Ask any decent vigneron, in any country around our great world of wine, and every single one will tell you that quality begins in the vineyard. They will also probably tell you that they don’t spray, or at the very least, they only spray when absolutely necessary. Well, I’m afraid to admit that the same applies here in Galicia, where the warmth and humidity of our ‘Atlantic Maritime’ climate obliges to intervene on occasions.

It goes without saying that when we do have to take action, we always ensure that we use the most ecologically friendly methods possible (including pheromone traps to confuse and disperse harmful insects). Having said all that, no right-minded grower is going to allow his crop to rot before his very eyes, which is why we reluctantly have no alternative but to spray.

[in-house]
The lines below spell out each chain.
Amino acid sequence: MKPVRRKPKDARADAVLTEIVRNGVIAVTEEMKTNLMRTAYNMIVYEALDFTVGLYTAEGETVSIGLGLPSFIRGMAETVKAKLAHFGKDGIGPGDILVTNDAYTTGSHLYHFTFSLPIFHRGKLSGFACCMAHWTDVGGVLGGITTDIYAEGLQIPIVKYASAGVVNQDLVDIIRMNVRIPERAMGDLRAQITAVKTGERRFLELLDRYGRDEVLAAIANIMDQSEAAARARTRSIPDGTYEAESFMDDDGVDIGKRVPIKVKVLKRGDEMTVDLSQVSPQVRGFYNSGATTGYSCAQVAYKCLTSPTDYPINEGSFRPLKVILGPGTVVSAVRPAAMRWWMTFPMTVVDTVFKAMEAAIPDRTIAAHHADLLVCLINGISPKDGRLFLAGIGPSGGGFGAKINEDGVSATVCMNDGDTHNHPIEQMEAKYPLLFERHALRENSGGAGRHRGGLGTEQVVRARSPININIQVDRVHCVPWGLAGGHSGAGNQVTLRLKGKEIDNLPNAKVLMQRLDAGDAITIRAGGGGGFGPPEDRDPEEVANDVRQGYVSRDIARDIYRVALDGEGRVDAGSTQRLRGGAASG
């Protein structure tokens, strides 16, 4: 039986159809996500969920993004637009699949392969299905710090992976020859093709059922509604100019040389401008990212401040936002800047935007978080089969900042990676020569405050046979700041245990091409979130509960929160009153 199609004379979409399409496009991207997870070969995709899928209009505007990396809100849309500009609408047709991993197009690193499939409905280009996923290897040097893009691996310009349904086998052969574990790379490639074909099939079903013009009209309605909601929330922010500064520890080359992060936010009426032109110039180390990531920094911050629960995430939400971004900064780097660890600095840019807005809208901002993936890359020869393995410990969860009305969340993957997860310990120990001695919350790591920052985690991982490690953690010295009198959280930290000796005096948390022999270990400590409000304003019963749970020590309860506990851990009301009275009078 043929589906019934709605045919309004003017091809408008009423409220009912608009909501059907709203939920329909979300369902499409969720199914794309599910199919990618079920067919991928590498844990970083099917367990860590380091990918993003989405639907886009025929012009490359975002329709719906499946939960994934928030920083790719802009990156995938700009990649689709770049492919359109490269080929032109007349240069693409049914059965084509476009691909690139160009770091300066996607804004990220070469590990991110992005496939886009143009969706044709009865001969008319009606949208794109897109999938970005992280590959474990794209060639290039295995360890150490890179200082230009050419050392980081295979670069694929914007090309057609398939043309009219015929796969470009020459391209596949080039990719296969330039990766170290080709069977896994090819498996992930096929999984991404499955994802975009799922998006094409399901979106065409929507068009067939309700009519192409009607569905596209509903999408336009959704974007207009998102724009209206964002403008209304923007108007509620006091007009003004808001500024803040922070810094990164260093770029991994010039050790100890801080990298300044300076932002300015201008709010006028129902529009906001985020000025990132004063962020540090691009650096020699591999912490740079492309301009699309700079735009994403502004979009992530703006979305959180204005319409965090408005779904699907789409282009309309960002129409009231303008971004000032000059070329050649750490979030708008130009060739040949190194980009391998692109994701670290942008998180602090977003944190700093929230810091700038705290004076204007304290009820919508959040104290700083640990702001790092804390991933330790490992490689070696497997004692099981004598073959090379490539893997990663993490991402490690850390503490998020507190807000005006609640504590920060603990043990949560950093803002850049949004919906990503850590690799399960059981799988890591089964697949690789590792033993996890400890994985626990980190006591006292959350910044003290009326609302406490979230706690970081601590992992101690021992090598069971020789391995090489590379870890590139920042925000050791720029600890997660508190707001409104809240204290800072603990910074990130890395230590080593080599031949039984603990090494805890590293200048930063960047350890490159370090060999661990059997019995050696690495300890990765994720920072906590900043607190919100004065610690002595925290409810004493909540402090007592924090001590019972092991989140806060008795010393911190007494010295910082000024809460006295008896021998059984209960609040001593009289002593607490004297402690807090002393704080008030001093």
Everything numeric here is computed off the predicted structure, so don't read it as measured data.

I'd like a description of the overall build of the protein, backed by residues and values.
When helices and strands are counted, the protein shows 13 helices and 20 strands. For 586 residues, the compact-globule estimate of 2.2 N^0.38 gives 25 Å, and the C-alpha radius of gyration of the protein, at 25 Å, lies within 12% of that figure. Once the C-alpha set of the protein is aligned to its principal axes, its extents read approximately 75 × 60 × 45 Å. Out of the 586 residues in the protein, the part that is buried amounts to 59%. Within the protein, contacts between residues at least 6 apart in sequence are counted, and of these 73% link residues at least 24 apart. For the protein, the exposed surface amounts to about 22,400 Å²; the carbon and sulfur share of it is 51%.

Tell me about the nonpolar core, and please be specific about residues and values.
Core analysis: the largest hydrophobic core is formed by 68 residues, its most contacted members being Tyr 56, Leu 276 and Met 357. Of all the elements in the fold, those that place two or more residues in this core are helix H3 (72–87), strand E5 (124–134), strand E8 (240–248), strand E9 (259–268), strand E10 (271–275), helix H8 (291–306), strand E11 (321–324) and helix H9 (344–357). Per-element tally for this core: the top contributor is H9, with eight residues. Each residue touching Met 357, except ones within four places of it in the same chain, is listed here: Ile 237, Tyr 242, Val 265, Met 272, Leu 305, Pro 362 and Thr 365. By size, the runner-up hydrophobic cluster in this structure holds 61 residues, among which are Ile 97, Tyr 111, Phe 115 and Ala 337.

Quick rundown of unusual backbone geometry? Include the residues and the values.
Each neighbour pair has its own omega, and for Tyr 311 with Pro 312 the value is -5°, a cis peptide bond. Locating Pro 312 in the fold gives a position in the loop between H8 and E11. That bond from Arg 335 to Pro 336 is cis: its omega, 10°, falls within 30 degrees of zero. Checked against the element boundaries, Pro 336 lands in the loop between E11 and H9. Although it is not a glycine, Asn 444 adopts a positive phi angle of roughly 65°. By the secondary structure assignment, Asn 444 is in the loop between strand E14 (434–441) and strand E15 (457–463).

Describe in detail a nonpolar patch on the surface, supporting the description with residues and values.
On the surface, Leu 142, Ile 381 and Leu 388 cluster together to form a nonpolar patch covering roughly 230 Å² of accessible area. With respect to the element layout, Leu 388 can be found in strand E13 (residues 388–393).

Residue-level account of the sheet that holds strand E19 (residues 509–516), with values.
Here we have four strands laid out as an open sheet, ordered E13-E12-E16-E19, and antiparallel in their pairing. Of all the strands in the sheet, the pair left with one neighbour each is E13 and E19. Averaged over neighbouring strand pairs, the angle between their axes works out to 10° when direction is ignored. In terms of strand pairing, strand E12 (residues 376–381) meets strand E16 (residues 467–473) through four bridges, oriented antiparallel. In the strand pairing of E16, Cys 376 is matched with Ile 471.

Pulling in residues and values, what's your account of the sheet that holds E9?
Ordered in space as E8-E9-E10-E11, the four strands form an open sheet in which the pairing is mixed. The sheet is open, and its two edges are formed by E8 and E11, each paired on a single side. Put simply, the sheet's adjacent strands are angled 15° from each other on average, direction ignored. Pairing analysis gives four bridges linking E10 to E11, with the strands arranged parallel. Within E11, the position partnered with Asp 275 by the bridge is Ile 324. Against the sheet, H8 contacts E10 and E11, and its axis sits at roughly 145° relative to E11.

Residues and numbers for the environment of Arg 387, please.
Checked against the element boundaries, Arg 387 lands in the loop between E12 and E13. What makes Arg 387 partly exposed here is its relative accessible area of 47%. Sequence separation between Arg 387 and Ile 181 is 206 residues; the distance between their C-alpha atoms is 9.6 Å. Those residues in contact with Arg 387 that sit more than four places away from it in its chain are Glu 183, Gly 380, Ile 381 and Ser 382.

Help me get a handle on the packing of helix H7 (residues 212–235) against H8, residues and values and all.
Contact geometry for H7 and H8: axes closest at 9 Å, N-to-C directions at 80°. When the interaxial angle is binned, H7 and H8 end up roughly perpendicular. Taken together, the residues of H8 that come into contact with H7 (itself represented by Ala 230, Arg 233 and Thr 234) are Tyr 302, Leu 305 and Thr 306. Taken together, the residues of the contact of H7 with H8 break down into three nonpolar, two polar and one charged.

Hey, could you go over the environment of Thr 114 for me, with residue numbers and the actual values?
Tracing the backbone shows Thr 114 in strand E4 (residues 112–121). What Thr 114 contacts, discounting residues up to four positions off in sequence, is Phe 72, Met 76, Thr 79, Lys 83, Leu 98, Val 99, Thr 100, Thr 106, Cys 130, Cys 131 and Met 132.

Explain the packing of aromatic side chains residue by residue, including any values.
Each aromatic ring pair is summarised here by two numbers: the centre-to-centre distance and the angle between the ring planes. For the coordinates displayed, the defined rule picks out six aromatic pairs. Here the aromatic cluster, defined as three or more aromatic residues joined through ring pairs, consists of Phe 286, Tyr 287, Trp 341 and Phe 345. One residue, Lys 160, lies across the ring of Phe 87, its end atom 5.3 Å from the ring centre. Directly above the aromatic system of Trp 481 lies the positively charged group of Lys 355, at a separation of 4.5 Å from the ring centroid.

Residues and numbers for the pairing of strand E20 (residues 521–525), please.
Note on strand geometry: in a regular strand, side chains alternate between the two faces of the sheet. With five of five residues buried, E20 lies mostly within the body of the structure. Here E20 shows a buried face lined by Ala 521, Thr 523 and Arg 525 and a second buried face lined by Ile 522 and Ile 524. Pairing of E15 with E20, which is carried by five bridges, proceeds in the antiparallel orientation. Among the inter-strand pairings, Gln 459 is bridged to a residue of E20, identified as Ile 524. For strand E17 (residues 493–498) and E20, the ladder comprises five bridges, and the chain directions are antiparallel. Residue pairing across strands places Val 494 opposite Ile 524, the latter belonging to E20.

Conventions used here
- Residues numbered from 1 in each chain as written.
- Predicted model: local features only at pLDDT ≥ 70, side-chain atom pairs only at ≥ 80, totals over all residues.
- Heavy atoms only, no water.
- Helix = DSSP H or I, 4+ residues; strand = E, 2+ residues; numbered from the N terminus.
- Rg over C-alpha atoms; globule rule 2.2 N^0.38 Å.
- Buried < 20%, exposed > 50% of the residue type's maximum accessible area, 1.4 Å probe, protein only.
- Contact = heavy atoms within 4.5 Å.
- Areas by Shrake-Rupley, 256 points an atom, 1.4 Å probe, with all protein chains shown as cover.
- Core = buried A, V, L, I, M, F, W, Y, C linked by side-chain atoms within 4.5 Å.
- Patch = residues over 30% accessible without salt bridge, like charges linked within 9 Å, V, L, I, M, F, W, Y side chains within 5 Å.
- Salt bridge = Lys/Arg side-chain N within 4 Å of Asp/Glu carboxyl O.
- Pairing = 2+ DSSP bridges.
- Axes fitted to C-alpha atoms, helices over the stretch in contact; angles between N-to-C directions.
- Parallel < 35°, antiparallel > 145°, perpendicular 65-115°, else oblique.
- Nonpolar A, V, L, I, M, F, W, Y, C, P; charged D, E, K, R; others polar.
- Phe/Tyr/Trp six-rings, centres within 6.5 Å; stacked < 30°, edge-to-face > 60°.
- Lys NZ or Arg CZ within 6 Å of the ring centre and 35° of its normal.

Jokes aside for a moment, the above photograph shows our vineyard manager David, spraying in his protective gear. Do spare a thought for him – the air temperature on this day was 30°C (86°F) …….. hence David does not have a weight problem!
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Young Albariño fruit in our El Pazo vineyard

I’m afraid that some ugly rumours have been circulating relating to the gap between recent posts and the start of the World Cup football. I have to reasssure you that this is, of course, purely co-incidental!

However, I confess that between matches I have been asked by some customers about the progress of the 2006 vintage, and when I answer that everything is going well, I am always afraid that I will be tempting fate. However, despite the early summer being a little cooler than 2005, we still appear to be on track for a very healthy and generous harvest.